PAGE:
‘Hail Mary’ to Warren Buffett: Untold Details of Lehman’s Fall

March 11, 2010, 6:15 PM ET

‘Hail Mary’ to Warren Buffett: Untold Details of Lehman’s Fall

By Matt Phillips

Doubtless, historians will be going over the mammoth 2,200 page report from the Lehman bankruptcy examiner for years to come.

But we bloggers are writing the first draft now. And there’s plenty of good fodder on Lehman’s final days, including fresh details on its effort to get support from billionaire investor Warren Buffett.

Now, it’s well known that Lehman reached out to Buffett in its final months. The Journal’s Scott Patterson wrote about the Oracle’s decision to pass on Lehman in a story back in December.

But the level of detail provided by this report is pretty astounding. It offers a pretty amazing snapshot of Buffett’s conversation with Lehman CEO Dick Fuld as well as a remarkable window on how the Oracle negotiates during times of crisis.

The report really reads like a novel, so we’ll just give you the sections here:

Fuld and Buffett spoke on Friday, March 28, 2008. They discussed Buffett investing at least $2 billion in Lehman. Two items immediately concerned Buffet during his conversation with Fuld. First, Buffett wanted Lehman executives to buy under the same terms as Buffett. Fuld explained to the Examiner that he was reluctant to require a significant buy‐in from Lehman executives, because they already received much of their compensation in stock. However, Buffett took it as a negative that Fuld suggested that Lehman executives were not willing to participate in a significant way. Second, Buffett did not like that Fuld complained about short sellers. Buffett thought that blaming short sellers was indicative of a failure to admit one’s own problems.

Following his conversation with Buffett, Fuld asked Paulson to call Buffett, which Paulson reluctantly did. Buffett told the Examiner that during that call, Paulson signaled that he would like Buffett to invest in Lehman, but Paulson “did not load the dice.” Buffett spent the rest of Friday, March 28, 2008, reviewing Lehman’s 10‐K and noting problems with some of Lehman’s assets. Buffett’s concerns centered around Lehman’s real estate and high yield investments, lending‐related commitments derivatives and their related credit‐market risk, Level III assets and Lehman’s securitization activity. On Saturday, March 29, 2008, Buffett learned of a $100 million problem in Japan that Fuld had not mentioned during their discussions, and Buffett was concerned that Fuld had not been forthcoming about the issue. The problems Buffett saw in the 10‐K along with Fuld’s failure to alert Buffett to the issue in Japan cemented Buffett’s decision not to invest in Lehman.

At some point in their conversations, Fuld and Buffett also discovered that there had been a miscommunication about the conversion price. Buffett was interested only in convertible preferred shares. Buffett told Fuld that he was willing to agree to a $40 conversion price per share, while Fuld thought Buffett was offering to buy in at “up‐ 40,” or 40% above the current market price, which would have been about $56 per share. On Friday, March 28, 2008, Lehman’s stock closed at $37.87. Fuld spoke to Lehman’s Executive Committee and several Board members about his conversations with Buffett. Lehman recognized that an investment by Buffett would provide a “stamp of approval.” However, Lehman already had better offers for its April capital raise, and Lehman did not think it could give a better deal to Buffett at the same time it gave a less attractive deal to others. On Monday, March 31, 2008, before Buffett could tell Fuld that he was not interested, Fuld called Buffett to say that Lehman could not accept his terms.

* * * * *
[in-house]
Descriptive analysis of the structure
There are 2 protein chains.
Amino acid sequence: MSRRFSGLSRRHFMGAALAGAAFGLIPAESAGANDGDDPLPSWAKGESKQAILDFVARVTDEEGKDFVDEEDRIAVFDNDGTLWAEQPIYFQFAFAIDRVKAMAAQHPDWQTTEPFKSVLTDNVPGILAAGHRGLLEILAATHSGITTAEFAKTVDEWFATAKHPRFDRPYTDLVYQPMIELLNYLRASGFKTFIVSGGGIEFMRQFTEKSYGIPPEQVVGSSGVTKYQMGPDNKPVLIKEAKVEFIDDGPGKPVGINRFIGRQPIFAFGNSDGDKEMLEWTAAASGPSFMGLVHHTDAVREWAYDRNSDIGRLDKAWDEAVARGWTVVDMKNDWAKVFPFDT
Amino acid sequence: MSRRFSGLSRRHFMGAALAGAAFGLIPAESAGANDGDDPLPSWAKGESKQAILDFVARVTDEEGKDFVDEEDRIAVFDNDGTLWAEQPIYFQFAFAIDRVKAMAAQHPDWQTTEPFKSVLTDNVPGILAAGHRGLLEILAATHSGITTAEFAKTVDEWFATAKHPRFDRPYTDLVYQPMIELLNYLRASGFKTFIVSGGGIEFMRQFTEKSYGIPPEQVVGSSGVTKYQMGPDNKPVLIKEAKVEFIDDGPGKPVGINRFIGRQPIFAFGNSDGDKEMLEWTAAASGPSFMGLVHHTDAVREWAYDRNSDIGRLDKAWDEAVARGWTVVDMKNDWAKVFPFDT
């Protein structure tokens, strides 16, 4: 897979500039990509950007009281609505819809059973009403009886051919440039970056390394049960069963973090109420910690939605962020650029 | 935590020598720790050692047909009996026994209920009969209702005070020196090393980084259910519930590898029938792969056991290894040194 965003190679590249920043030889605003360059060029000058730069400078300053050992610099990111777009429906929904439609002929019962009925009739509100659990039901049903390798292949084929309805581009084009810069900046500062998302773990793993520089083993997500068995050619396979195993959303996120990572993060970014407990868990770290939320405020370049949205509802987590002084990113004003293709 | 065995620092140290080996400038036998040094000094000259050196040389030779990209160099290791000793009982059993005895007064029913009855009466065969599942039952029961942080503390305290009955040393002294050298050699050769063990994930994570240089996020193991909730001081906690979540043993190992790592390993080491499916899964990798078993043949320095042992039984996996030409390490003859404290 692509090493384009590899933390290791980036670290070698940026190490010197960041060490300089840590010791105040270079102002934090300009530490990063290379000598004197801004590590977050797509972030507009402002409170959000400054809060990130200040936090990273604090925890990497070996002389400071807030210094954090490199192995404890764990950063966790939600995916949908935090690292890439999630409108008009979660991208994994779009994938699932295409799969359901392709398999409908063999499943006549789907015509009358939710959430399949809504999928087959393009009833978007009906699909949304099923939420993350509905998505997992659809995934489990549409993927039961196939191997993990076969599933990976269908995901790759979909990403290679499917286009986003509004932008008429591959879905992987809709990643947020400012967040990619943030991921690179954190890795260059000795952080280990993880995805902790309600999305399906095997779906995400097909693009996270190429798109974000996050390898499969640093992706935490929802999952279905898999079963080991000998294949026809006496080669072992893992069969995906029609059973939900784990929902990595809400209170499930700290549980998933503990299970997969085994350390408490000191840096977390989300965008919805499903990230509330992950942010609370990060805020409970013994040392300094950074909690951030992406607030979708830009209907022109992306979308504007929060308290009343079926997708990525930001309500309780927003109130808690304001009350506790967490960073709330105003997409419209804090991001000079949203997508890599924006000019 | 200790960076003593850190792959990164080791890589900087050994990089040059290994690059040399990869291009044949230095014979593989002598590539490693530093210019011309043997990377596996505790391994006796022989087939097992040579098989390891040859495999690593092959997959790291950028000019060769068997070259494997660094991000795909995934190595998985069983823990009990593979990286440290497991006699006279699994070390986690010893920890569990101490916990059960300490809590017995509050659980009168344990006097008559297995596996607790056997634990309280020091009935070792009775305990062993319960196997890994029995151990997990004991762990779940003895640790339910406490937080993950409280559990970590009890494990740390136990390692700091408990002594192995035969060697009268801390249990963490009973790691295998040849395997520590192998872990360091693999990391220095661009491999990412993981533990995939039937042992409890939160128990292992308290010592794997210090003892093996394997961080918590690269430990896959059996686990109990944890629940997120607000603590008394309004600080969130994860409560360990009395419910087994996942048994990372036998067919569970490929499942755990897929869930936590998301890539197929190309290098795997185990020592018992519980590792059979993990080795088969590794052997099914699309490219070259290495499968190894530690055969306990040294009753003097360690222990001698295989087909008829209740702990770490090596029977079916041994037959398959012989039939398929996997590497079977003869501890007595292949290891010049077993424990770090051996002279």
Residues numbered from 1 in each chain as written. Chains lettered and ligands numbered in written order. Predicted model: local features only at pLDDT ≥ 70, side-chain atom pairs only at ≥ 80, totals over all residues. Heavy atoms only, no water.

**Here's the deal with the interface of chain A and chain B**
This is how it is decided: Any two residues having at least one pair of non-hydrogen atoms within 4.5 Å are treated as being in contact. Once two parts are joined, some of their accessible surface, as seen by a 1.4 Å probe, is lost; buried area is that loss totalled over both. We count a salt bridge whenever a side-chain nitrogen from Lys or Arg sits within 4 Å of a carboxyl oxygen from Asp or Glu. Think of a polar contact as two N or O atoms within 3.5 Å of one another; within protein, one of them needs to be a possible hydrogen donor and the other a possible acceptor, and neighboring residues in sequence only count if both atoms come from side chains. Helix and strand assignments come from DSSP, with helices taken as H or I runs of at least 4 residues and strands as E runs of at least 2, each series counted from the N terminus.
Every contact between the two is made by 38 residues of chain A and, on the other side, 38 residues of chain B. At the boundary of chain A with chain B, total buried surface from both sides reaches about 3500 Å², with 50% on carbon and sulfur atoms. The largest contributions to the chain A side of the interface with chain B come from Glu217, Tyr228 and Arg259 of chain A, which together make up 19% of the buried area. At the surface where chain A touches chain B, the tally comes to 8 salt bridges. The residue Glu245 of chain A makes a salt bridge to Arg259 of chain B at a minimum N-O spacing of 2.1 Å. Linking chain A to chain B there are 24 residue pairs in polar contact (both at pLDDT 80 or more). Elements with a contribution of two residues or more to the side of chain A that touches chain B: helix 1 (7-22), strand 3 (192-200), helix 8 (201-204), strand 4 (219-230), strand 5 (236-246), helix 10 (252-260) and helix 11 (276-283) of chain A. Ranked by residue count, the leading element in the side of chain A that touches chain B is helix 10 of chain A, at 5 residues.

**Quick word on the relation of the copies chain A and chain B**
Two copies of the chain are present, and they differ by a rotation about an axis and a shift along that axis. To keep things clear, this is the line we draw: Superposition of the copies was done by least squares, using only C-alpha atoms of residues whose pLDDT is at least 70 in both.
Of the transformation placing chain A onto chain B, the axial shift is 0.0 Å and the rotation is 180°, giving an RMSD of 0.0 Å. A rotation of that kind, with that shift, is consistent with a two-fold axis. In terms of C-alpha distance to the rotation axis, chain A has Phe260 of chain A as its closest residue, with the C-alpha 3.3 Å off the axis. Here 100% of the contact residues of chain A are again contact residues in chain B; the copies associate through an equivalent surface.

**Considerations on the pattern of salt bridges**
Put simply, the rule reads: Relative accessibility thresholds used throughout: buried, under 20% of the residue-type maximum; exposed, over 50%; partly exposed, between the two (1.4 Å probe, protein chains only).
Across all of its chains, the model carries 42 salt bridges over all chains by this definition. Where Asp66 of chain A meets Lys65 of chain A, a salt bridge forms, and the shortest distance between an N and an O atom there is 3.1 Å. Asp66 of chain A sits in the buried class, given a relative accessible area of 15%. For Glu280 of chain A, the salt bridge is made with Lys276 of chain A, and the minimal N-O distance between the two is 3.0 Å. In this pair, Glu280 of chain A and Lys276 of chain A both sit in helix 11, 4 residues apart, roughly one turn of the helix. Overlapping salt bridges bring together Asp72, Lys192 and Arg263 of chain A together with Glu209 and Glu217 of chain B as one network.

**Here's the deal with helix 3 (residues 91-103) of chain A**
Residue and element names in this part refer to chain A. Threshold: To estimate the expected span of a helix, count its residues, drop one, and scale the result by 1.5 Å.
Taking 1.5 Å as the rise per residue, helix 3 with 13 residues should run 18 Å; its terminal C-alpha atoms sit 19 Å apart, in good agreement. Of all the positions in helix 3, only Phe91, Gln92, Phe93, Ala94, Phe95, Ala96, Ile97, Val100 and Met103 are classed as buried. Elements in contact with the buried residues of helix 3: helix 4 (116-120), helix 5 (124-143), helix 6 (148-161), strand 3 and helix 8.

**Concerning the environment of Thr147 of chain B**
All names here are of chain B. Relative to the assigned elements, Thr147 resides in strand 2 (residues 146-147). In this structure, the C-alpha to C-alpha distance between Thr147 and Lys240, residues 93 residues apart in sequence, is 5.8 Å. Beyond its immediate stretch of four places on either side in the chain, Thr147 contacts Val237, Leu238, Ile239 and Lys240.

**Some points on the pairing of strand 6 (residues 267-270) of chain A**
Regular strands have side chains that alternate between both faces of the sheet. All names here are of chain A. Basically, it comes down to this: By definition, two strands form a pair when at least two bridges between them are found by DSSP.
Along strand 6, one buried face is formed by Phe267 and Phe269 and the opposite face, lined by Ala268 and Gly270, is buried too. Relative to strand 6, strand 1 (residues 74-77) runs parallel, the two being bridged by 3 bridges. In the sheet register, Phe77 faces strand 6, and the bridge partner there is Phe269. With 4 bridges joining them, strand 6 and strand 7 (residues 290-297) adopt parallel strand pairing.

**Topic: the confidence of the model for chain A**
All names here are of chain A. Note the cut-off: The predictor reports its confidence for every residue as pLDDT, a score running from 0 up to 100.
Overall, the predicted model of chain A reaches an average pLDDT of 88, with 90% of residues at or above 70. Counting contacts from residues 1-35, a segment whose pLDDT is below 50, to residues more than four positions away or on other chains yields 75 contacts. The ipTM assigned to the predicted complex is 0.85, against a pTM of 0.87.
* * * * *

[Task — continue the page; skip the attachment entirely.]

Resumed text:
Last‐Ditch Effort with Buffett

[Hugh “Skip” E. McGee, III, the head of Lehman’s Investment Banking Division] contacted [President David L. Sokol, president of Berkshire Hathaway’s MidAmerican Energy] again in late August or early September 2008 and outlined Lehman’s “Gameplan” for survival, specifically SpinCo. During a subsequent telephone call with Sokol, McGee explained the “good bank/bad bank” scenario and stated that Lehman would need an investor. Sokol believed the e‐mail and call were intended to induce Sokol to pass that information on to Buffett, so Sokol briefed Buffett on SpinCo. Buffett thought the idea would not solve Lehman’s problems.

Sometime during the week prior to Lehman’s bankruptcy, McGee again reached out to Sokol with what both Sokol and McGee described to the Examiner as a “Hail Mary” pass. McGee asked, “Do you have any ideas to save us?” Sokol, who was bear hunting in Alaska at the time, told McGee that he did not.

Judging by the inclusion of the largely irrelevant bear hunting detail at the end, we can tell that this report was written by a frustrated novelist. (And they did an amazing job.) But what we find most remarkable is the insight these sections offer on how Buffett assesses companies.

It’s simple–but not easy–as he combines 10-K analysis with probing questions to management.

Are they willing to put their own money at risk? Are they being upfront? Are they giving investors the full story?

Clearly Buffett didn’t think so.